EIOPA therefore calls for a narrowing of the definition of AI, focusing it on those systems that have features distinct from traditional mathematical models, such as machine-learning approaches. In addition, the AI Act should explicitly include a clarification that models used for the calculation of capital requirements should not be considered as a high-risk use case in the AI Act.

“EIOPA’s view is that, at this stage, insurance AI use cases should not be categorised as high risk.”

Good governance

EIOPA also has particular interest in the governance of the AI Act. On the one hand, we welcome the fact that the Act recognises that national competent authorities responsible for the supervision and enforcement of the financial services legislation should be designated as competent authorities for the purpose of supervision.

On the other hand, EIOPA would like to see a greater role for European agencies such as EIOPA in the new European Artificial Intelligence Board. We believe that this is crucial given the tasks of the Board in further specifying the requirements of the AI Act. This is particularly relevant when considering the scope of activities included in Annex III of the AI Act — the annex that sets out which AI applications are required to comply with the Act. The participation of the relevant European agencies in the European Artificial Intelligence Board would foster better cooperation, sharing of information and monitoring of convergence and a level playing field across Europe. EIOPA strongly believes it has an important role in representing the specific characteristics of the insurance sector — even more so if insurance AI use cases such as pricing and underwriting in life and health insurance are finally included in the Act’s list of high-risk AI use cases.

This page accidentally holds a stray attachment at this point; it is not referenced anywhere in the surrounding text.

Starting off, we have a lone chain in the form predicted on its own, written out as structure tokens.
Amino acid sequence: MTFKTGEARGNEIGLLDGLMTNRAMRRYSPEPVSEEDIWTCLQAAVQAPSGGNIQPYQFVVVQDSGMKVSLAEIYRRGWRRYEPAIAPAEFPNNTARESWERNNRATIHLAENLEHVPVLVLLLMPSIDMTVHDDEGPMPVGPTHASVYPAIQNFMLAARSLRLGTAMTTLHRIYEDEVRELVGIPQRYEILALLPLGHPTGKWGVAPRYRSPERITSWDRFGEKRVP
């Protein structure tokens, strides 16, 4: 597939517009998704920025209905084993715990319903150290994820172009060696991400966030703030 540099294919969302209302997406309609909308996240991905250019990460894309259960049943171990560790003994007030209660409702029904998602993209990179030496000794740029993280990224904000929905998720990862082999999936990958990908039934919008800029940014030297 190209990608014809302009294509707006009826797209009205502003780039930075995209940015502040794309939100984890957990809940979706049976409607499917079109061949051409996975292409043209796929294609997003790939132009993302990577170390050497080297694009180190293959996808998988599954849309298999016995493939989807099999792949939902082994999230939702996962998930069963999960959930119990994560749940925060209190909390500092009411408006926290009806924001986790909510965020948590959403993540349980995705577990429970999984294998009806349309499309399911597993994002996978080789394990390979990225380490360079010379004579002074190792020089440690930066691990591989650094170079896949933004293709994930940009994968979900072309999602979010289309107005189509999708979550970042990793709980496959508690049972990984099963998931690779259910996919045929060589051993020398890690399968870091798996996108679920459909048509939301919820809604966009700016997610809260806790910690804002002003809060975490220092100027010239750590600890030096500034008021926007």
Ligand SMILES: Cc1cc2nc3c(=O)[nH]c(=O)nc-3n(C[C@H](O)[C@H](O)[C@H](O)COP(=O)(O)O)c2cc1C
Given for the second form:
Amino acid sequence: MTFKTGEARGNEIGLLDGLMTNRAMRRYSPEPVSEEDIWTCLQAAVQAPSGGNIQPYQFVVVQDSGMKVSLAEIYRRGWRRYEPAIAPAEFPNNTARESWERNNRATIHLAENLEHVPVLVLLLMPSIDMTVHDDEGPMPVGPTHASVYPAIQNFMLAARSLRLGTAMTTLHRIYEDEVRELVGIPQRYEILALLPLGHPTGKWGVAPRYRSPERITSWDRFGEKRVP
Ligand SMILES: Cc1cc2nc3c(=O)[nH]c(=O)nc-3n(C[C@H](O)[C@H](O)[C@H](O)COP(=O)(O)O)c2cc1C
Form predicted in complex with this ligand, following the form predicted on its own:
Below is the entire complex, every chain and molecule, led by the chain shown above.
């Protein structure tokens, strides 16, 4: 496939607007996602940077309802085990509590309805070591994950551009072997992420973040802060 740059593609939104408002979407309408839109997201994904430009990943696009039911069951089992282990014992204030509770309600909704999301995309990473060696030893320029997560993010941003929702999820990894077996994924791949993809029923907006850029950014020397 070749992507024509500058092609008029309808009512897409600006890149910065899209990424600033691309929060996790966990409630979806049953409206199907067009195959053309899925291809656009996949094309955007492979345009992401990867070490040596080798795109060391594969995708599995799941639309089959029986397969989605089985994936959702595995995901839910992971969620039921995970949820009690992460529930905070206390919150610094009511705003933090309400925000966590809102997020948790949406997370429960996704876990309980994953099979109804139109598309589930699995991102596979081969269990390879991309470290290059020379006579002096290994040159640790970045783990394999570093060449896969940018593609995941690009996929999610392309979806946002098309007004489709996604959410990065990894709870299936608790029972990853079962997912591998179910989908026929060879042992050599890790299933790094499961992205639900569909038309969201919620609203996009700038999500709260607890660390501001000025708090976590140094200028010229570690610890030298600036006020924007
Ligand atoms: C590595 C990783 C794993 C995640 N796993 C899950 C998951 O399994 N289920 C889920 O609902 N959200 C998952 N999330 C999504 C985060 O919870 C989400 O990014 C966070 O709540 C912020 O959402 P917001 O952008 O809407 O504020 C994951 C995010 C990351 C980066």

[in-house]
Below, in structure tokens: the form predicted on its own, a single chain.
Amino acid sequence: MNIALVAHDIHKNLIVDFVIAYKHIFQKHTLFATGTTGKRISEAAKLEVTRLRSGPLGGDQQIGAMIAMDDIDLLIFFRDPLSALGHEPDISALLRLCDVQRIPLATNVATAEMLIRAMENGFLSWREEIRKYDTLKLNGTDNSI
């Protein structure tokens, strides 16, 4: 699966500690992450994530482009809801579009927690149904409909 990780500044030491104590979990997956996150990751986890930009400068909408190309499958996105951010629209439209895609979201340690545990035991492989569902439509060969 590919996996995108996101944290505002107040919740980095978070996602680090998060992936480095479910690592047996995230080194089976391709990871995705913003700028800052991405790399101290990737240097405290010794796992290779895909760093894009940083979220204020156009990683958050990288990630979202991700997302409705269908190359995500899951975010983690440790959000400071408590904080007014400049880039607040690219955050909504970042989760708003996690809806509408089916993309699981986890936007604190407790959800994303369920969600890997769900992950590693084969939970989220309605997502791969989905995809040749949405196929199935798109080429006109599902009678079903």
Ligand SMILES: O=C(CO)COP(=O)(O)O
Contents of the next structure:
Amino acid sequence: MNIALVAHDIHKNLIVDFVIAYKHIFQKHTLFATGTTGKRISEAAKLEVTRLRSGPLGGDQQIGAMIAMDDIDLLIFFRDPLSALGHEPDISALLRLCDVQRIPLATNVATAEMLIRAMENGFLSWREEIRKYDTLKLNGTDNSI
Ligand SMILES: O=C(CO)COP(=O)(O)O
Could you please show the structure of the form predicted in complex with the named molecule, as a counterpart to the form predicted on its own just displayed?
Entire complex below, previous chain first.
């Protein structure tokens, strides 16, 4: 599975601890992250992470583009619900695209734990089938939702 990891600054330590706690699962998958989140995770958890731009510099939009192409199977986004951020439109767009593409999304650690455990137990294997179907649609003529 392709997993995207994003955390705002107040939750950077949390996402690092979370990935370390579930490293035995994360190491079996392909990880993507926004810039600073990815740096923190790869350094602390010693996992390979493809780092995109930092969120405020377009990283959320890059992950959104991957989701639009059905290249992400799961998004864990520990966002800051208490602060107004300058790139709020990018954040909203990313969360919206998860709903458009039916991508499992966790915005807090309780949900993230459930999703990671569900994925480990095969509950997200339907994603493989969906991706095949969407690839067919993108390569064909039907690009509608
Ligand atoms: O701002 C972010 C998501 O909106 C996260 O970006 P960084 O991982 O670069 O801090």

From EIOPA’s perspective, a responsible use of AI by insurance undertakings and intermediaries is the best approach. The AI Act should certainly enable this and EIOPA will continue to use different supervisory and regulatory tools, and work closely with stakeholders, to ensure that both the sector and policyholders are able to benefit fully from continuing technological advances.